by Paul Viggiano
Circa 1992, I took a deep breath and set to preaching through the book of Revelationhow difficult could it actually be? I raced along swimmingly for about four or five chapters (really only three) before I was greeted by a conscience-condemning experience right in the pulpit. The convicting episode had to do with me allowing a commentator to have more influence over my opinion than he should have.
Commentaries are valuable tools. Consulting a commentary is like having a conversation with an erudite scholar holding well-thought-out biblical convictions. But when you get right down to it, it's still just somebody's opinion. I was preaching on a passage that I didn't truly understand. I figured this commentator, since he wrote a book, must have had a better grip on the issue than I, so I just took his word for it. Read more
by Richard R. Gerber
Presbyteries give a gift to every group being received as a mission work. As a presbytery of the Orthodox Presbyterian Church responds affirmatively to the request of a group of people asking to be received as a mission work, its first thought is to give it the gift of a body of elders.
These elders serve both the presbytery and the new mission work. They are the presbytery's representatives, given to help the young church develop into a mature congregation. They provide the spiritual care and oversight needed by members of a mission work. When an organizing pastor is brought onto the scene, he joins them in taking care of God's church. Read more
by Patricia E. Clawson
When Donald J. Duff turns over his responsibilities to George Cottenden at the General Assembly in July, Don will retire after serving as the first full-time and the longest-serving stated clerk in the history of the Orthodox Presbyterian Church. (The two men are pictured above, standing.) He leaves with his passion for the church that he learned from his missionary parents, Clarence and Dora Duff.
Don was born in Ethiopia in 1938. His family soon had to leave Africa during World War II. They moved to Colorado, where his father ministered in the coal mining town of Oak Creek. In 1943, his father traveled alone to Eritrea, and twenty-two months later Dora, Don, and his sister Dorothy were given visas and sailed in a military convoy to Eritrea. In 1953, Don and Dorothy sailed by themselves from Africa to America to finish high school in New Jersey. Read more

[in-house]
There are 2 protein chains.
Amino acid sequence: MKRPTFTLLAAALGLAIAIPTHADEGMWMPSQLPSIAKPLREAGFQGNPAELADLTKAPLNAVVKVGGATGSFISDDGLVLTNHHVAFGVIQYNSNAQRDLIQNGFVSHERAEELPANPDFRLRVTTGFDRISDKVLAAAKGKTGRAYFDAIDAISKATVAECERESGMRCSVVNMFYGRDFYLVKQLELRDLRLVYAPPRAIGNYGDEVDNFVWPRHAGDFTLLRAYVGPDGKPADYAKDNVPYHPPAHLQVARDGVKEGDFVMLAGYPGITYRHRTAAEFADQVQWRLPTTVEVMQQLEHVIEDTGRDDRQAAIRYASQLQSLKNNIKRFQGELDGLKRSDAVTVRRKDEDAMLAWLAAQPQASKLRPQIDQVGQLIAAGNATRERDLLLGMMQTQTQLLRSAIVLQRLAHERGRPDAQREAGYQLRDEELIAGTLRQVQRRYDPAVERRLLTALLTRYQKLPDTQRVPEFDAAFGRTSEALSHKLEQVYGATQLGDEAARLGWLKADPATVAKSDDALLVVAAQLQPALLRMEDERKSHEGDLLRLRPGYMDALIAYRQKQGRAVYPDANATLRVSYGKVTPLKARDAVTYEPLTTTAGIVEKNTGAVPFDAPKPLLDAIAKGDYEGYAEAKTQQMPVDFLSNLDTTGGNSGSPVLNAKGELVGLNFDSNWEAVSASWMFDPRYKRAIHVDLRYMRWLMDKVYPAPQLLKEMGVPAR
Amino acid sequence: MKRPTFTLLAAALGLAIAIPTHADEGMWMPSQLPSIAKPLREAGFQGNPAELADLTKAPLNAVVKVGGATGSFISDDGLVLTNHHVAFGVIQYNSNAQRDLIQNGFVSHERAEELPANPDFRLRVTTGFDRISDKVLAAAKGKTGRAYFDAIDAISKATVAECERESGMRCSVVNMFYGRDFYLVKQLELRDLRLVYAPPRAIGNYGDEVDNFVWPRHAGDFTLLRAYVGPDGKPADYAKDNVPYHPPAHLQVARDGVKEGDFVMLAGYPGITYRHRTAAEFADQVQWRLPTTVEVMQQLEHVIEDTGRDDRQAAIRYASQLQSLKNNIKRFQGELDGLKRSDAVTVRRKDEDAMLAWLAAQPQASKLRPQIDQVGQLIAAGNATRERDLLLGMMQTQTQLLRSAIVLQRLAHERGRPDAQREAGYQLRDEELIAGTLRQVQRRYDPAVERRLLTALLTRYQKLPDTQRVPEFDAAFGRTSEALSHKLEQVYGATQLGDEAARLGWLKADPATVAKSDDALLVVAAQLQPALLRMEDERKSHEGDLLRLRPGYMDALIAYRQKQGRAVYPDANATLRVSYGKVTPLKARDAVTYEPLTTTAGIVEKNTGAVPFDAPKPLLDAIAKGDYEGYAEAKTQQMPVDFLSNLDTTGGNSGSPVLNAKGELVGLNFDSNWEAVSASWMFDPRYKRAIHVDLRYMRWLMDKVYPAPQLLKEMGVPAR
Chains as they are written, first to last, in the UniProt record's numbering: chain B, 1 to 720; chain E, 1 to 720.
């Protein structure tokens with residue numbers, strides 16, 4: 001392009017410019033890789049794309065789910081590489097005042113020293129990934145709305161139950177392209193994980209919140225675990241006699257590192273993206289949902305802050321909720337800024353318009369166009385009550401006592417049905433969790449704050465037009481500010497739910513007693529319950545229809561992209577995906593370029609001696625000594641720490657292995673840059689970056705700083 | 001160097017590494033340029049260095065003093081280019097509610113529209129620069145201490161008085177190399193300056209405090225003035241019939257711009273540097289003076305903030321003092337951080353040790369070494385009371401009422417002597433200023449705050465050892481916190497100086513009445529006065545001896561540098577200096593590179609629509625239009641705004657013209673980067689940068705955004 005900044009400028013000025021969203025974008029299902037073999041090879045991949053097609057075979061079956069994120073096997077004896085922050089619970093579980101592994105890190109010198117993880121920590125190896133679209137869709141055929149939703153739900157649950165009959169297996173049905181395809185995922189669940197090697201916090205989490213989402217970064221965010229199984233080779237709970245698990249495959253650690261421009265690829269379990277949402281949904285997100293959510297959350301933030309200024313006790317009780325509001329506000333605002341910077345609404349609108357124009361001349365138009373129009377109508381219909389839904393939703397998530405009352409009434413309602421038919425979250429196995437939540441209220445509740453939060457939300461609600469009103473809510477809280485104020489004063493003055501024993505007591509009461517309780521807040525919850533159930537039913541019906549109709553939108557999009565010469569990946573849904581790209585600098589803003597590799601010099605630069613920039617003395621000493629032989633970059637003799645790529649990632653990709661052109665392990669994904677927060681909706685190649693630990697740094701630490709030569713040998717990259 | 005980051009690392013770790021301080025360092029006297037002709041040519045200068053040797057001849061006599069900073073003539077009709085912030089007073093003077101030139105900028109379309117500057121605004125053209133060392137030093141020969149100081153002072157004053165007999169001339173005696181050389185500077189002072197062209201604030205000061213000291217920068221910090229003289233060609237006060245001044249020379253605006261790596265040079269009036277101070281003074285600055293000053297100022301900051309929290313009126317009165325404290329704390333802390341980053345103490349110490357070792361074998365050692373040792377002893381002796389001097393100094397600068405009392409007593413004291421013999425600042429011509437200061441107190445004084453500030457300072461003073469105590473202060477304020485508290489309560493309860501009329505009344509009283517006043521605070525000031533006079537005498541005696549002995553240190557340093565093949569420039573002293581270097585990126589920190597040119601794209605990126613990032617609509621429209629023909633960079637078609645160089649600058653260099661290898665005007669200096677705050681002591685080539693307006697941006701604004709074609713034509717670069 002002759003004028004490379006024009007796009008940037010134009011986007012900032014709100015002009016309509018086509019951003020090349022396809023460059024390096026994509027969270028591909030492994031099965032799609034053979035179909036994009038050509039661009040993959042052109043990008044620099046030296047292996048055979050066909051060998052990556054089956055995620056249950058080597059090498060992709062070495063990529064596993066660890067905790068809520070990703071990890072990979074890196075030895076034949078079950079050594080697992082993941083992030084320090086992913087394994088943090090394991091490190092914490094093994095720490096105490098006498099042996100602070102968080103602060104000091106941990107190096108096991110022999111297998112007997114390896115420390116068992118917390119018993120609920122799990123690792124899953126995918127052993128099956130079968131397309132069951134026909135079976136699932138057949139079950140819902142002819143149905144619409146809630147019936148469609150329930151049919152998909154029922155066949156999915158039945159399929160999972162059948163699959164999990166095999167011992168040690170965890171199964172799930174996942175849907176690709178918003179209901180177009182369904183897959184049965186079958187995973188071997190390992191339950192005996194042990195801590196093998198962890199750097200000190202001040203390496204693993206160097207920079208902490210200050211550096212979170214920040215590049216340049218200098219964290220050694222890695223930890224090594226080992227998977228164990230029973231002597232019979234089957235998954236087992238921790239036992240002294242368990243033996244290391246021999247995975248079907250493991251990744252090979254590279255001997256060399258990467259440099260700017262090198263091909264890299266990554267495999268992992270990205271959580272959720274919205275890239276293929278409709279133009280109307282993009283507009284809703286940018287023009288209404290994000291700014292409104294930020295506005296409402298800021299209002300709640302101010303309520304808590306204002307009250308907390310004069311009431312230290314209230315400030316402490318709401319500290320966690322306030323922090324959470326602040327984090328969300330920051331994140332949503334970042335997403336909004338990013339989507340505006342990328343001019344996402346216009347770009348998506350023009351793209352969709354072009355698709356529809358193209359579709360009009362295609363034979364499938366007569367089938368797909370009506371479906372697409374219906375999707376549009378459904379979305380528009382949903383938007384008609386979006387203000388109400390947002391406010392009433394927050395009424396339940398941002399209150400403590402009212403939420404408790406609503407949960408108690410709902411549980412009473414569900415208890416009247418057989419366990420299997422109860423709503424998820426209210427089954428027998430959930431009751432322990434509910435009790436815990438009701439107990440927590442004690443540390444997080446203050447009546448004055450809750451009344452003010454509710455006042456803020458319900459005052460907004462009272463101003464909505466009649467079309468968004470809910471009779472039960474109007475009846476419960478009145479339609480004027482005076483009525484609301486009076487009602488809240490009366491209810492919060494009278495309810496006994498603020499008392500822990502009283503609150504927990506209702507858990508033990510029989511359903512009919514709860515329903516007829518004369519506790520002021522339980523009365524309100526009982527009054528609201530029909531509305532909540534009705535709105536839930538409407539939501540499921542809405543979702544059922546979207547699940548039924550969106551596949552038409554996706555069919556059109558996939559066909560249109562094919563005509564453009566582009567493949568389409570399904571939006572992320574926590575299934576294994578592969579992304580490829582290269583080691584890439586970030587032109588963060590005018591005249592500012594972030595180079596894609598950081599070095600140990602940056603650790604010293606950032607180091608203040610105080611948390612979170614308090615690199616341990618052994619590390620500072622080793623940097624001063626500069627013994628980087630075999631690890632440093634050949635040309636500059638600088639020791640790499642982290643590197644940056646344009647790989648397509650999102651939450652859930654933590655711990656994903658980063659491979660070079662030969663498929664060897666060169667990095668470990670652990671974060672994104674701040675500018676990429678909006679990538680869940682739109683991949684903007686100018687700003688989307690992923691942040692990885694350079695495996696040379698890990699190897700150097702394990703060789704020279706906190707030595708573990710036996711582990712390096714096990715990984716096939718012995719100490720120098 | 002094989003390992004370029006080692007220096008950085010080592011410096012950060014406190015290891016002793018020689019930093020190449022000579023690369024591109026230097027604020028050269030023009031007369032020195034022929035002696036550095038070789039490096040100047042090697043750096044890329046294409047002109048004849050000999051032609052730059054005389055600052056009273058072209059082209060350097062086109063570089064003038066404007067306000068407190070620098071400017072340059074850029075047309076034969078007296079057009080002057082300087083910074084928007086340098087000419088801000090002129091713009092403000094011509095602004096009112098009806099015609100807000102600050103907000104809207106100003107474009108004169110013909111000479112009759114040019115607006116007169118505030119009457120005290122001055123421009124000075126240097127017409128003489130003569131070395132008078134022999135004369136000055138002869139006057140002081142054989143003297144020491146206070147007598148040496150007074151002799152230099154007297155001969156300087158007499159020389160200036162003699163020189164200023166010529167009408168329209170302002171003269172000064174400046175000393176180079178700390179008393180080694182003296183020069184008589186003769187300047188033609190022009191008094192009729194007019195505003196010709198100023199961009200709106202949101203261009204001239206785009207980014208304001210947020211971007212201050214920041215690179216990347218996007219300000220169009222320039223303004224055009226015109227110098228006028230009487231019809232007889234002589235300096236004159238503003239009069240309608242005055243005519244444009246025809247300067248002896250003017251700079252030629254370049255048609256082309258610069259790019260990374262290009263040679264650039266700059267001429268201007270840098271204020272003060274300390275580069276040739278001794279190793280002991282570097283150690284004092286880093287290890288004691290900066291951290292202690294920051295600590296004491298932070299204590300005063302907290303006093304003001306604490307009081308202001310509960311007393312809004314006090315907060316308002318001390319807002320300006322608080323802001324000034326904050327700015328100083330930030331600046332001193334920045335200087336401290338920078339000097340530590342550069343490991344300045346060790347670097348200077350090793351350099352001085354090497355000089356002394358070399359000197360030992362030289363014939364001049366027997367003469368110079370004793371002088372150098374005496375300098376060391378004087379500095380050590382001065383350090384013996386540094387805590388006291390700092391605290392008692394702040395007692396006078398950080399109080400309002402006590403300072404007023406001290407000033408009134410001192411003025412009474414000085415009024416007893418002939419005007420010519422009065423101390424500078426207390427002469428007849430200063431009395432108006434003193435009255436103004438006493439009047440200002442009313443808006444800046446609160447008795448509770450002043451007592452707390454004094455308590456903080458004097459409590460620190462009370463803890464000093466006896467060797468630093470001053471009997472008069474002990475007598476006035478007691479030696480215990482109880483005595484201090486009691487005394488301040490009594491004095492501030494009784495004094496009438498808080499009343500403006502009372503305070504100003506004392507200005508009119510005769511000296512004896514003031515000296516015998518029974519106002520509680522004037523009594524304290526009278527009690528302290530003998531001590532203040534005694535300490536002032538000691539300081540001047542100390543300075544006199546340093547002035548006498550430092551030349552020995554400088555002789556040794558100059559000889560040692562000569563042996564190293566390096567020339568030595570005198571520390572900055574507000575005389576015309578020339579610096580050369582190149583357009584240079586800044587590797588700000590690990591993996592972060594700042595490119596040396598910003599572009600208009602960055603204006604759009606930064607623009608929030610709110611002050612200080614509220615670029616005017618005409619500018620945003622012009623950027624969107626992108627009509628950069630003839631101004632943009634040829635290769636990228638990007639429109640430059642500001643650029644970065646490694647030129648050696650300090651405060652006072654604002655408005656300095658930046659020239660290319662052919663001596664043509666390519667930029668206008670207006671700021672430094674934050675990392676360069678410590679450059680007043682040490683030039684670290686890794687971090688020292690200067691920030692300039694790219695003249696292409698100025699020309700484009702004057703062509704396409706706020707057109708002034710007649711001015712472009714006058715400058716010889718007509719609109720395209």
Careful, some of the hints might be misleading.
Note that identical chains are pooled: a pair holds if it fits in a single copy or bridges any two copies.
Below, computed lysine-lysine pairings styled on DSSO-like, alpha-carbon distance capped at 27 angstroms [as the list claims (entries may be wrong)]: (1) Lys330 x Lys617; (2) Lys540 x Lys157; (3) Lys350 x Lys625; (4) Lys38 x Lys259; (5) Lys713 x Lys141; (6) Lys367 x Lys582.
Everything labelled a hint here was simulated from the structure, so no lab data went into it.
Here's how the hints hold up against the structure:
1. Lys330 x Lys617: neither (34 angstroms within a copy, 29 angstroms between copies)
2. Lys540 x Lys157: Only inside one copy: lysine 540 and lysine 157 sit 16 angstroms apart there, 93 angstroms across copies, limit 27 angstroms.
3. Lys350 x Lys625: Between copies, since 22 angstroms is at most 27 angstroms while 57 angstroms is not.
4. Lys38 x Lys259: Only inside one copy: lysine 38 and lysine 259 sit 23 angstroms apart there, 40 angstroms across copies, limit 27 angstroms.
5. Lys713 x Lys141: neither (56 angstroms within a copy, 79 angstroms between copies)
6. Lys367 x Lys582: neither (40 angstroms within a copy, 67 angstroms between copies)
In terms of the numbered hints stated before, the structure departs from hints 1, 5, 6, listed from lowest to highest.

by K. Scott Oliphint
(Editor's note: The Orthodox Presbyterian Church will be celebrating its seventy-fifth anniversary in June of 2011. In anticipation of that milestone, New Horizons is running a yearlong series of historical remembrances.)
I came to Reformed theology and the Orthodox Presbyterian Church on separate tracks that providentially merged. I had become a Christian out of high school, and in college I was taking a philosophy course from a Christian instructor at West Texas State University. During that time, in the fall of 1977, Christianity Today did a cover article on Cornelius Van Til. At that point, I had been reading Francis Schaeffer. In the Christianity Today article, I read that Van Til had taught Schaeffer. I thought I might as well read the guy that taught the guy that I'd been reading. I went down to the local bookstore with the title Defense of the Faith. The guy said, "I've never heard of it." He looked it up and couldn't find it. Finally, he got out the big tome, Books in Print. He said, "Oh yeah, here it is. South New Jersey. It'll take a month to get here." I couldn't wait to get it. Read more
by David Winslow
"Please accept my deepest thanks for the wonderful conference and relay them to all who were involved. I can't tell you how thrilled I was to hear my son try to relay everything he came away with on our trip home from the airport. He gained so much from both the formal and informal talks, as well as his fellowship with young men who have a desire to please the Lord. The conference definitely rekindled his desire for godliness in his own life and his pursuit of some kind of mission work."
And so we relay the thanks of one mother, speaking on behalf of the other parents, to everyone who supported the 2010 Timothy Conference with their prayers and contributions to Worldwide Outreach. Through your love and concern for the work of the whole church, fourteen young Orthodox Presbyterians were able to be present for two days of conference lectures at Greenville Seminary in South Carolina and Matthews OPC in North Carolina. Particular love and effort came to the fore from those who provided food and hospitality for the young men: Tony and Kathleen Curto, Jeff and Jennifer Cleveland, Mrs. Herma DeBoer and her daughter Katelyn, and pastoral intern Joby Fowler. Dinner and devotions in the "great hall" of the Cleveland home will be a special conference memory. Read more